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Wearable Tech: Fueled By The Apple Watch, Smart Watch Demand Rises

Over the past two years, smartwatches have become the primary growth driver in the wearable technology market. Buoyed by high-profile smartwatch model releases in 2018, most notably the Apple Inc.'s Apple Watch Series 4, estimated global unit shipments of smartwatches surpassed 46 million in 2018, an increase of 15% over 2017.

Along with traditional functionalities, such as notifications and alerts, the integration of fitness and wellness capabilities into new smartwatch models is attracting new buyers who previously would have purchased a lower-priced fitness tracker product.


Kagan defines a smartwatch as a wearable device that resembles and functions as a wristwatch. In addition to telling time, most smartwatches are Bluetooth and/or Wi-Fi-capable, which enables the watch to extend the capabilities of a wearer's smartphone to the watch. This allows the wearer to use the watch's interface to initiate and answer phone calls from the mobile phone, read or dictate email and text messages, listen to music and perform other tasks often handled by a smartphone.

An increasing number of smartwatches now offer a direct wireless connection, cutting out the need to be paired with a smartphone. Most of these products come with a built-in SIM card, providing a direct LTE connection with a service provider's cellular network. While the price of these products, the most prominent being the Apple Watch Series 4, are higher than non-LTE connected products, in several markets they have become quite popular.

Market drivers and challenges

The market drivers consist of:

  • The ability to receive notifications for emails, text messages and calendar notifications without accessing a smartphone. These types of "quick glance" notifications allow people with a smartwatch to peek at their wrist and then decide if they need to follow up on a different device (smartphone, laptop PC, tablet PC, etc.).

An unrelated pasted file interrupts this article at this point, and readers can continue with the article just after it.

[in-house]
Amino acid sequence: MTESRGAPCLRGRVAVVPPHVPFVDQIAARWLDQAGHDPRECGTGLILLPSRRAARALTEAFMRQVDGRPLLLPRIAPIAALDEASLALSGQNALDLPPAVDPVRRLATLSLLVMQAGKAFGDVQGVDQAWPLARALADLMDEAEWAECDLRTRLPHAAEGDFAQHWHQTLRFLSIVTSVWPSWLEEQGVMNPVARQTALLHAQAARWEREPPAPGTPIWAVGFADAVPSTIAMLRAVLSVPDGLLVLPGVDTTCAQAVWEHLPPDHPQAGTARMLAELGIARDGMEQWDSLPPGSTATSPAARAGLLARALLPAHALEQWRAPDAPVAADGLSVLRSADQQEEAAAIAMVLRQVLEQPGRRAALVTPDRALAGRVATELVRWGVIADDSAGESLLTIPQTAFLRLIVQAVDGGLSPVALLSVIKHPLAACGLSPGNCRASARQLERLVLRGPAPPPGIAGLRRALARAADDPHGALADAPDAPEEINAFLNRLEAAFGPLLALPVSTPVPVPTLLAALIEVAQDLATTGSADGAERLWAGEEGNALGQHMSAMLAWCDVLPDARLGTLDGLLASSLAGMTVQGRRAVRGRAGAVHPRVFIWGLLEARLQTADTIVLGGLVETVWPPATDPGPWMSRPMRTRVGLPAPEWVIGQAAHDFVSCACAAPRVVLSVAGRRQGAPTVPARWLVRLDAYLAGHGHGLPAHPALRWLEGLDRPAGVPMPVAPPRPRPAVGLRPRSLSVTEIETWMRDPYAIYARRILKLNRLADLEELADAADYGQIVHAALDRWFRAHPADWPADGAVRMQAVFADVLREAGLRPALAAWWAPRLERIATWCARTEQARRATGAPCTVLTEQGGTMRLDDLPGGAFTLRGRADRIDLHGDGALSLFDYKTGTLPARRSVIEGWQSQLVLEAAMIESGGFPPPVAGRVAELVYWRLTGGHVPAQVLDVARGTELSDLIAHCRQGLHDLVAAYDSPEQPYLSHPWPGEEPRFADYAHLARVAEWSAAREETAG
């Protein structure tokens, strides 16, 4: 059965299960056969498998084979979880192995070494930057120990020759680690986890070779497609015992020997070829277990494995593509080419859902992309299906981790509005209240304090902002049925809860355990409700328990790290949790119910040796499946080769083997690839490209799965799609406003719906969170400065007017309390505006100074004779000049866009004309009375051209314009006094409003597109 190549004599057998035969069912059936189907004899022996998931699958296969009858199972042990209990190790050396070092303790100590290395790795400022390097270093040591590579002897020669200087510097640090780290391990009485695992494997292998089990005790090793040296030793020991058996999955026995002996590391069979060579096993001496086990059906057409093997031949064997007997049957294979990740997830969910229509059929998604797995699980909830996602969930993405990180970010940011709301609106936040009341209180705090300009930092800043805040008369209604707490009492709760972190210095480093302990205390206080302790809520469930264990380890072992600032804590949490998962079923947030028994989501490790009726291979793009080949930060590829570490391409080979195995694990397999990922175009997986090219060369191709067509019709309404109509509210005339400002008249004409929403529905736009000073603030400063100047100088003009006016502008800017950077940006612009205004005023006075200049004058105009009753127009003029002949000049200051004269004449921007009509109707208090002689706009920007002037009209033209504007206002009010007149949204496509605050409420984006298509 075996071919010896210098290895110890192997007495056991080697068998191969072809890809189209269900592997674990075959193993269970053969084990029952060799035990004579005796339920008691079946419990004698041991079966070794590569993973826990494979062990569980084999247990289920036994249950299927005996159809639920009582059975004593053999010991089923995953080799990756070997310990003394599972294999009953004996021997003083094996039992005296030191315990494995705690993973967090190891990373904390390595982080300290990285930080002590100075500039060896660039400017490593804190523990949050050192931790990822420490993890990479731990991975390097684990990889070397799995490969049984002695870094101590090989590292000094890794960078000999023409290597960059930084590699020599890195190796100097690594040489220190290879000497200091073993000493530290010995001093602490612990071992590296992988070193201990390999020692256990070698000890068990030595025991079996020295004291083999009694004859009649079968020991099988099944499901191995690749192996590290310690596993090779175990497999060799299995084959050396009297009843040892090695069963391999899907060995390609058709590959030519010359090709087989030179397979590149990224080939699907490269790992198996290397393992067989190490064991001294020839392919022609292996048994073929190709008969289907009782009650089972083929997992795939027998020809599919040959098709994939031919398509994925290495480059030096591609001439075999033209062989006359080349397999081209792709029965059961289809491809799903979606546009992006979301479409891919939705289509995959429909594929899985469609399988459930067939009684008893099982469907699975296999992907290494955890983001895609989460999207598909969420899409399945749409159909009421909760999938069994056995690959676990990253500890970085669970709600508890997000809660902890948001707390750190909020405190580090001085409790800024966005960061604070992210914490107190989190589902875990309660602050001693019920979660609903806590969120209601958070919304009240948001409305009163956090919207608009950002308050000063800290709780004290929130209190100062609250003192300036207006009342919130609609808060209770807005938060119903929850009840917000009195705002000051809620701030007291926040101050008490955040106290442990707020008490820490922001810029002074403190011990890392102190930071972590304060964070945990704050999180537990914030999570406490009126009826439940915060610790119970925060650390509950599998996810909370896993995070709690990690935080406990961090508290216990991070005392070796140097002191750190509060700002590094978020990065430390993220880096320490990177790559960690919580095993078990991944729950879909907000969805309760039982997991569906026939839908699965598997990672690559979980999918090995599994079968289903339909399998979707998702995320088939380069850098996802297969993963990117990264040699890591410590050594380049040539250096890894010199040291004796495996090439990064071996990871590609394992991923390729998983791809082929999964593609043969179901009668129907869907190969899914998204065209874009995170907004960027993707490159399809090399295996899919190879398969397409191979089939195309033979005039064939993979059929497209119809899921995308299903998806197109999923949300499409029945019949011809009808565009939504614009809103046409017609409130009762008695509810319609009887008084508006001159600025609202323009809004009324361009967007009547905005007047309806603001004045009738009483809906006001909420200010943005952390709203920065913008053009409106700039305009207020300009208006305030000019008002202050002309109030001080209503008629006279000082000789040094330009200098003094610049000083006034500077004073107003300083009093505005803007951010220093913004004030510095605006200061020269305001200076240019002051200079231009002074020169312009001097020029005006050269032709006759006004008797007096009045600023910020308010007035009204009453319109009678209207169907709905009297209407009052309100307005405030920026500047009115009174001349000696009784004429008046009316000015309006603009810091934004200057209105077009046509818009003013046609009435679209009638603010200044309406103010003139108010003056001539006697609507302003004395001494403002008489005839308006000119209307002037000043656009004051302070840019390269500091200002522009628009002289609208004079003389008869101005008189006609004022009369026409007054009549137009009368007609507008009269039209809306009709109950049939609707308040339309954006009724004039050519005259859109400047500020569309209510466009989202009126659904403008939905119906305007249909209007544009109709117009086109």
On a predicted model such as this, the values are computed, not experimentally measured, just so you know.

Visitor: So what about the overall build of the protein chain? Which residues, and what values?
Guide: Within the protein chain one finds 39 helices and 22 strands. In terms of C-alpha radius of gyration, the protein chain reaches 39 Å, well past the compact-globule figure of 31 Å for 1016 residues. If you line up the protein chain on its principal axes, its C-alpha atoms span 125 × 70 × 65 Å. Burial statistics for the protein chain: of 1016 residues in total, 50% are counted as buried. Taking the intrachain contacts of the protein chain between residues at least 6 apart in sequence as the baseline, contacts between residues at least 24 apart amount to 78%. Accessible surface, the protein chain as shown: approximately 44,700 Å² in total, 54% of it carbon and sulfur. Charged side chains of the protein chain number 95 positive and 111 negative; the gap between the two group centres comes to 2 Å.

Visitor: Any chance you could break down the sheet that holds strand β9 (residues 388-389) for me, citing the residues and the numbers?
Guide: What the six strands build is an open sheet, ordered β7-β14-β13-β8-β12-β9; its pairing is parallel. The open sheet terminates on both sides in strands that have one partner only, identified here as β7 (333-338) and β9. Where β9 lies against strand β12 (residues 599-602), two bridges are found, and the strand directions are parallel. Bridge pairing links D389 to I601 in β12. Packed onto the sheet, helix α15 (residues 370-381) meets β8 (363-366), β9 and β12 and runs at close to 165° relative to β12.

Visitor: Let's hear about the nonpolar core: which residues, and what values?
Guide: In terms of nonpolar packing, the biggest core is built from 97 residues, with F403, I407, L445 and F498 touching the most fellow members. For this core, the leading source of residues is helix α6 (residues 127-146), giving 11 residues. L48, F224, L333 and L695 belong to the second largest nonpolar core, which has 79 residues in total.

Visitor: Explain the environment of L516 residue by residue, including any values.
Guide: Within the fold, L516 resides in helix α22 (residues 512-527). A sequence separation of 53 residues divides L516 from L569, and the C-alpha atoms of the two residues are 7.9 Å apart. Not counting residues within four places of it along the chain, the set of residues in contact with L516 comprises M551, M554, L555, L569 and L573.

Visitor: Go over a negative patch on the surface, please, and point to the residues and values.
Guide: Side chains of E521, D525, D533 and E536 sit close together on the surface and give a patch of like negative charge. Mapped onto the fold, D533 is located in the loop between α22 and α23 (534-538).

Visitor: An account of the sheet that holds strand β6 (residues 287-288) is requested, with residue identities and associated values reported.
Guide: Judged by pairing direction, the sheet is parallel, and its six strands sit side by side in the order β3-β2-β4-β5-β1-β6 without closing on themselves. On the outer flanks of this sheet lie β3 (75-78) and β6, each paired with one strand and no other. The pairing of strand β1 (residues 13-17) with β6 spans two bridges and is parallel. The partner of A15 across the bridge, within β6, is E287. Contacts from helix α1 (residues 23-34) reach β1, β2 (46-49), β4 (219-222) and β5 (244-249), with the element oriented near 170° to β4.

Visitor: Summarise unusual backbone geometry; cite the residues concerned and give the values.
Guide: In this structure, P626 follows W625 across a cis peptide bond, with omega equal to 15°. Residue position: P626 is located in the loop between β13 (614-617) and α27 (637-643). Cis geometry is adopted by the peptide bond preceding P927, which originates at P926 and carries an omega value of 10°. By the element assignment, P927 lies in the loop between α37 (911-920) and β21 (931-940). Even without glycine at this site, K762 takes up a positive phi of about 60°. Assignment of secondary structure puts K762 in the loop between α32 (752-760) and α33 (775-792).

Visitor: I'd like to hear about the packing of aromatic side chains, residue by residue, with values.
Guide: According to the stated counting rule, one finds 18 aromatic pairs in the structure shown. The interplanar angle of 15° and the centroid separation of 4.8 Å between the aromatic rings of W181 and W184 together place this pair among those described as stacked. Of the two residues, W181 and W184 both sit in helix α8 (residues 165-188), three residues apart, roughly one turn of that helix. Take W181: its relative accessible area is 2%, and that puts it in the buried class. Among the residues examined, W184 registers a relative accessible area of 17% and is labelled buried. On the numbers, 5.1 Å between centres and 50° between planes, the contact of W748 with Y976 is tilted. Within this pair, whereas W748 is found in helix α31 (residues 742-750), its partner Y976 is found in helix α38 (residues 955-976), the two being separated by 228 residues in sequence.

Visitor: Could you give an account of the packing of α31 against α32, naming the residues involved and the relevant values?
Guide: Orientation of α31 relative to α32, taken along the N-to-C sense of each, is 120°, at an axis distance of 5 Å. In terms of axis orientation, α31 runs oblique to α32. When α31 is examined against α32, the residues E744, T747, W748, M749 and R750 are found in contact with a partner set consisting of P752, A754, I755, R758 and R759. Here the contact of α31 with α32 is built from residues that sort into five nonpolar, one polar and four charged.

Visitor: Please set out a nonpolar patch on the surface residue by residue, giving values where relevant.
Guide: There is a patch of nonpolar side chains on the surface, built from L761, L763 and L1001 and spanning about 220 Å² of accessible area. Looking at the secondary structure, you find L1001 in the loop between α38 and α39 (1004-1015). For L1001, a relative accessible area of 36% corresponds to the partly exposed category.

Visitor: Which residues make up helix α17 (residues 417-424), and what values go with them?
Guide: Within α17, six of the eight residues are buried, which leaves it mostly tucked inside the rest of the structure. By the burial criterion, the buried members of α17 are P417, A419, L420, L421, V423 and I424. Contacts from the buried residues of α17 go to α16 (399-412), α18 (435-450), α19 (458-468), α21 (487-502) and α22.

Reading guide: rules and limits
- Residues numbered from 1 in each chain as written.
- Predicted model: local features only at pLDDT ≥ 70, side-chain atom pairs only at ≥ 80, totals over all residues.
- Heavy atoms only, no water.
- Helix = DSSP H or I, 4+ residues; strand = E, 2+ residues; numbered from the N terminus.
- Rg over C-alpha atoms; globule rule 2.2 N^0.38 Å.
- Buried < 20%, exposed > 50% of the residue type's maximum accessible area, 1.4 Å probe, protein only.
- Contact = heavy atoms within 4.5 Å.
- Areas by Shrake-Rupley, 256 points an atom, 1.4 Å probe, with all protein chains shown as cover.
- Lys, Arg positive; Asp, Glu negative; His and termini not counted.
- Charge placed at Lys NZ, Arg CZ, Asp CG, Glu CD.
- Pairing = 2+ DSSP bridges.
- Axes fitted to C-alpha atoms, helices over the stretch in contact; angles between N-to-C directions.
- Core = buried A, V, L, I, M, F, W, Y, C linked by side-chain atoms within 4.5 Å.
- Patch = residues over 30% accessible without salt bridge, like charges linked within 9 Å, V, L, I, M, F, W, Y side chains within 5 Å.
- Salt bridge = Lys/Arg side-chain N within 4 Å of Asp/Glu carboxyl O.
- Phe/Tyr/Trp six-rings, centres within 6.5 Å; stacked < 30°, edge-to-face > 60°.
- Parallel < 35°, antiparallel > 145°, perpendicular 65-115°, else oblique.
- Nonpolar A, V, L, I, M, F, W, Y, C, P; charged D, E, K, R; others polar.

• The ability to customize and upgrade the smartwatch. Consumers enjoy customizing smartphones, personal computers and automobiles, and the ability to customize smartwatches is a strong selling point.
  • The growth of LTE-enabled smartwatches, which removes the need to be paired with a smartphone.
  • The ability to have a timepiece that provides "extra" capabilities without costing a great deal more than regular watches. This perceived smartwatch value proposition comes from the idea that as most high-quality watches are priced from $300 to $500, purchasing a smartwatch gives a consumer additional capabilities at approximately the same price. Key among these capabilities are fitness- and health-tracking features commonly found on fitness tracker products. Many current models offer a wide range of fitness-, wellness- and sports-tracking features to include built-in GPS for tracking outdoor workouts and swim proof designs. The Apple Watch Series 4 also provides an FDA-approved ECG monitor to detect heart rhythm irregularities.
  • Solid demand for smartwatches with LTE connections targeted at children. These so-called "kids smartwatches" allow users to receive notifications or messages, most often from their parents, directly to their watch. The two key markets for these products are North America and China, with product prices currently under $100 in the USA.

Some key challenges influencing the smartwatch market include: